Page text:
# Mathematica integrates centered functions, but can not integrate shifted ones

Mathematica seems to integrate this function: $$\int \limits_{-\infty}^{\infty} d w\, \frac{\sin ^2\left(\frac{1}{2} wt \right)}{w^2} \frac{\frac{\gamma ^2}{4}}{ \left(w^2+\frac{\gamma ^2}{4}\right)}$$, which is Lorentzian product with Sinc squared.

But it can not integrate shifted version shifted by a constant value $$a>0$$: $$\int \limits_{-\infty}^{\infty} d w\, \frac{\sin ^2\left(\frac{1}{2} (a-w)t\right)}{(a-w)^2} \frac{\frac{\gamma ^2}{4}}{ \left((w-a)^2+\frac{\gamma ^2}{4}\right)}$$

Why would be that? Does not seem that integration would be different for shifted function. $$\gamma$$ and $$t$$ are variating parameters, width of Lorentzian peak and time, respectively.

Here is my code, I also use assumptions for integration to be easier:

Lorentz = (1/4) \[Gamma]^2/((w - a)^2 + (\[Gamma]^2/4));
Sincfunction = Sin[(1/2 (a - w)*t)]^2/(a - w)^2;

IIntegral2 =
Integrate[Lorentz*Sincfunction, {w, - Infinity, Infinity},
Assumptions -> {Im[\[Gamma]] == 0, Re[\[Gamma]] > 0, Im[t] == 0,
Re[t] >= 0, Im[a] == 0, Re[a] >= 0  , 1/2*Re[\[Gamma]] < Re[a],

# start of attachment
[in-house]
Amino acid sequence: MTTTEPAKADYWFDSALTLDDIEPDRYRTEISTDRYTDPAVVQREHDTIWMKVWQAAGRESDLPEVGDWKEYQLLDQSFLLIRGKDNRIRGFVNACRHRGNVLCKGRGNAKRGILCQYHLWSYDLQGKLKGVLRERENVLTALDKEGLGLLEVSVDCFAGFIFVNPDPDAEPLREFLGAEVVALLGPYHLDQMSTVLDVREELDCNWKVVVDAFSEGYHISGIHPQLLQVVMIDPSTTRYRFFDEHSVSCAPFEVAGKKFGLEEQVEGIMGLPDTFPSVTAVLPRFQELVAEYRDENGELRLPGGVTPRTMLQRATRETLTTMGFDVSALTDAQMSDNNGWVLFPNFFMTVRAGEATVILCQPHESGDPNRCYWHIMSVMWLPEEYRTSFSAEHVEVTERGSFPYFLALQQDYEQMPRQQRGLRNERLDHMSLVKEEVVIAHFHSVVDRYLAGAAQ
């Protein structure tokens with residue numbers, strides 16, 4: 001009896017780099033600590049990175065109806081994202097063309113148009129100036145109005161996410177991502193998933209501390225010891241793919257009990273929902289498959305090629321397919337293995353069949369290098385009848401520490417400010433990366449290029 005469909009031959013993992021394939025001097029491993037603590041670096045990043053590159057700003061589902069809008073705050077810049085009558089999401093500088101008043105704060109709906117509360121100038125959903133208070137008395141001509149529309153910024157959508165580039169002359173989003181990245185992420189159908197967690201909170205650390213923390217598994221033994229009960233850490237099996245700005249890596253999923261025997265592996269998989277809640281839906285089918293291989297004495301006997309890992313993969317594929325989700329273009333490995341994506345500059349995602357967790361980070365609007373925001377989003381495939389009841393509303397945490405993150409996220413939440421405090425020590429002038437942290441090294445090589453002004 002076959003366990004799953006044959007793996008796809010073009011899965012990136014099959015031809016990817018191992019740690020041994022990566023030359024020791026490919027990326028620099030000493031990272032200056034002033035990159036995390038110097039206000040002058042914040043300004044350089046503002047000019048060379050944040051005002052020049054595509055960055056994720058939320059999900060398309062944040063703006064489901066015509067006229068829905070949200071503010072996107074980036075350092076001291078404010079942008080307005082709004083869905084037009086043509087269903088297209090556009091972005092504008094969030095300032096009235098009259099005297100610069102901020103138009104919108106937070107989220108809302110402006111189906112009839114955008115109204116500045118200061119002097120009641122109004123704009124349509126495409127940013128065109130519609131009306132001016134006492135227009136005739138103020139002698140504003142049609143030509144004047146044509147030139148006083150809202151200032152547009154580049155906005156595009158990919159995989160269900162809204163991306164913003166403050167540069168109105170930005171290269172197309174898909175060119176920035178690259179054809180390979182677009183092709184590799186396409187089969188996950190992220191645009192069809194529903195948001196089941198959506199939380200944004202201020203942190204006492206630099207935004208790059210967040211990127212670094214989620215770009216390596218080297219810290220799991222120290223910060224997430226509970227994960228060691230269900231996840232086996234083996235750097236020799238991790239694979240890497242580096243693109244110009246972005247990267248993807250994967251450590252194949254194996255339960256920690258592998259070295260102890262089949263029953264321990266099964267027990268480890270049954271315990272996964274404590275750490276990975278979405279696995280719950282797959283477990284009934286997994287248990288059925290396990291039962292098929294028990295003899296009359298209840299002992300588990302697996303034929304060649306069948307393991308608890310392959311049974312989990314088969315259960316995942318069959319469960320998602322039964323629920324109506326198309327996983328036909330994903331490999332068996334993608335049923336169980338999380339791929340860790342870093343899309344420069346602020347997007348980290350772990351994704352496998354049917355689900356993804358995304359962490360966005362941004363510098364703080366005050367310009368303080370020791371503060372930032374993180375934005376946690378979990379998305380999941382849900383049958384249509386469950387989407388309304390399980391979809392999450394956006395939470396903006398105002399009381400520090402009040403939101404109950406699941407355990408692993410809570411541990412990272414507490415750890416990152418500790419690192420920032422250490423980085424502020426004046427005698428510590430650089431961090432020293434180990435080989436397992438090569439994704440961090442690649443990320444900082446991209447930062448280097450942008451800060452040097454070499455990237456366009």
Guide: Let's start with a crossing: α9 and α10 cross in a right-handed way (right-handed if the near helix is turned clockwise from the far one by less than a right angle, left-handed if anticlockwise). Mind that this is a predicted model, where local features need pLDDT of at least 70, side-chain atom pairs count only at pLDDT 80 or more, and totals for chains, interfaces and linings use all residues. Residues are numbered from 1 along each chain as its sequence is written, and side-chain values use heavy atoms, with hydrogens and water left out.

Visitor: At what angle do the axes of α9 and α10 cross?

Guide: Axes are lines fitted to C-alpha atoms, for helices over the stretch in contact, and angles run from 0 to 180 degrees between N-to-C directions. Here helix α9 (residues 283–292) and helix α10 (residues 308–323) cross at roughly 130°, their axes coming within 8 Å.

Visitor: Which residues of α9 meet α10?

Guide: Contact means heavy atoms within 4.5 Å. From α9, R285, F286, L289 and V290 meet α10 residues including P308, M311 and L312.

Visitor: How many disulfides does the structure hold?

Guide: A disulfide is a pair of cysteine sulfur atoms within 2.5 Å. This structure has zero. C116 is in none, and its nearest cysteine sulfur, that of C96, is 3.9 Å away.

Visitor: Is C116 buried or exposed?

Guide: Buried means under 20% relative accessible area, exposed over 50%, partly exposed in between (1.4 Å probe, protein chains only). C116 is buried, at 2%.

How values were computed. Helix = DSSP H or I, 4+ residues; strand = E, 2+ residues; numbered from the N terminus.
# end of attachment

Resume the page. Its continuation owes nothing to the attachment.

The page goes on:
Im[w] == 0 }]


Then to simplify I usually expand it into series

Series[IIntegral2, {t, Infinity, 2}, {\[Gamma], Infinity, 1}] // Normal
Series[IIntegral2, {t, 0, 2}, {\[Gamma], 0, 2}] // Normal



So when I set $$a=0$$, everything works fine, bet when $$a>0$$, then Mathematica gets stuck.

• Internal code is probably not seeing the right change of variable. May 19, 2020 at 20:14
• Would there be a way to correct it or it is up to software developers? May 20, 2020 at 6:25
• A little of both, perhaps. It never hurts to express a problem in the simplest (for the software) form possible. It's also possible the software will improve in future to automate this. May 20, 2020 at 14:23
• In the meantime, it wouldn't hurt to report this to Support (and perhaps link to this thread), so it gets on record. May 20, 2020 at 14:41
• Ok, thanks for the suggestions! May 24, 2020 at 11:54

Mathematica is able to integrate both cases, but for the shifted function 100 times longer calculation is needed.

Clear[Lorentz,Sincfunction]
Lorentz[a_,γ_,w_]:=(1/4) γ^2/((w-a)^2+(γ^2/4));
Sincfunction[a_,t_,w_]=Sin[(1/2 (a-w)*t)]^2/(a-w)^2;


Compare the times

Integrate[Lorentz[a,γ,w] Sincfunction[a,t,w],{w,-Infinity,Infinity},Assumptions->t>0&&γ>0&&a∈Reals]//Timing
Out[2]= {99.977,(π (-2+2 E^(-((t γ)/2))+t γ))/(2 γ)}


and

Integrate[Lorentz[0,γ,w] Sincfunction[0,t,w],{w,-Infinity,Infinity},Assumptions->t>0&&γ>0]//Timing
Out[3]= {1.00345,(π (-2+2 E^(-((t γ)/2))+t γ))/(2 γ)}


The results are identical. In order to understand the large time-difference compare the respective indefinite integrations:

Integrate[Lorentz[a,γ,w] Sincfunction[a,t,w],w,Assumptions->t>0&&γ>0&&a∈Reals];//Timing
Integrate[Lorentz[0,γ,w] Sincfunction[0,t,w],w,Assumptions->t>0&&γ>0];//Timing
Out[4]= {0.691755,Null}
Out[5]= {0.128017,Null}


Thus, most of the time is spent to establish that antiderivatives are continuous functions and taking the limits according to the fundamental theorem of calculus.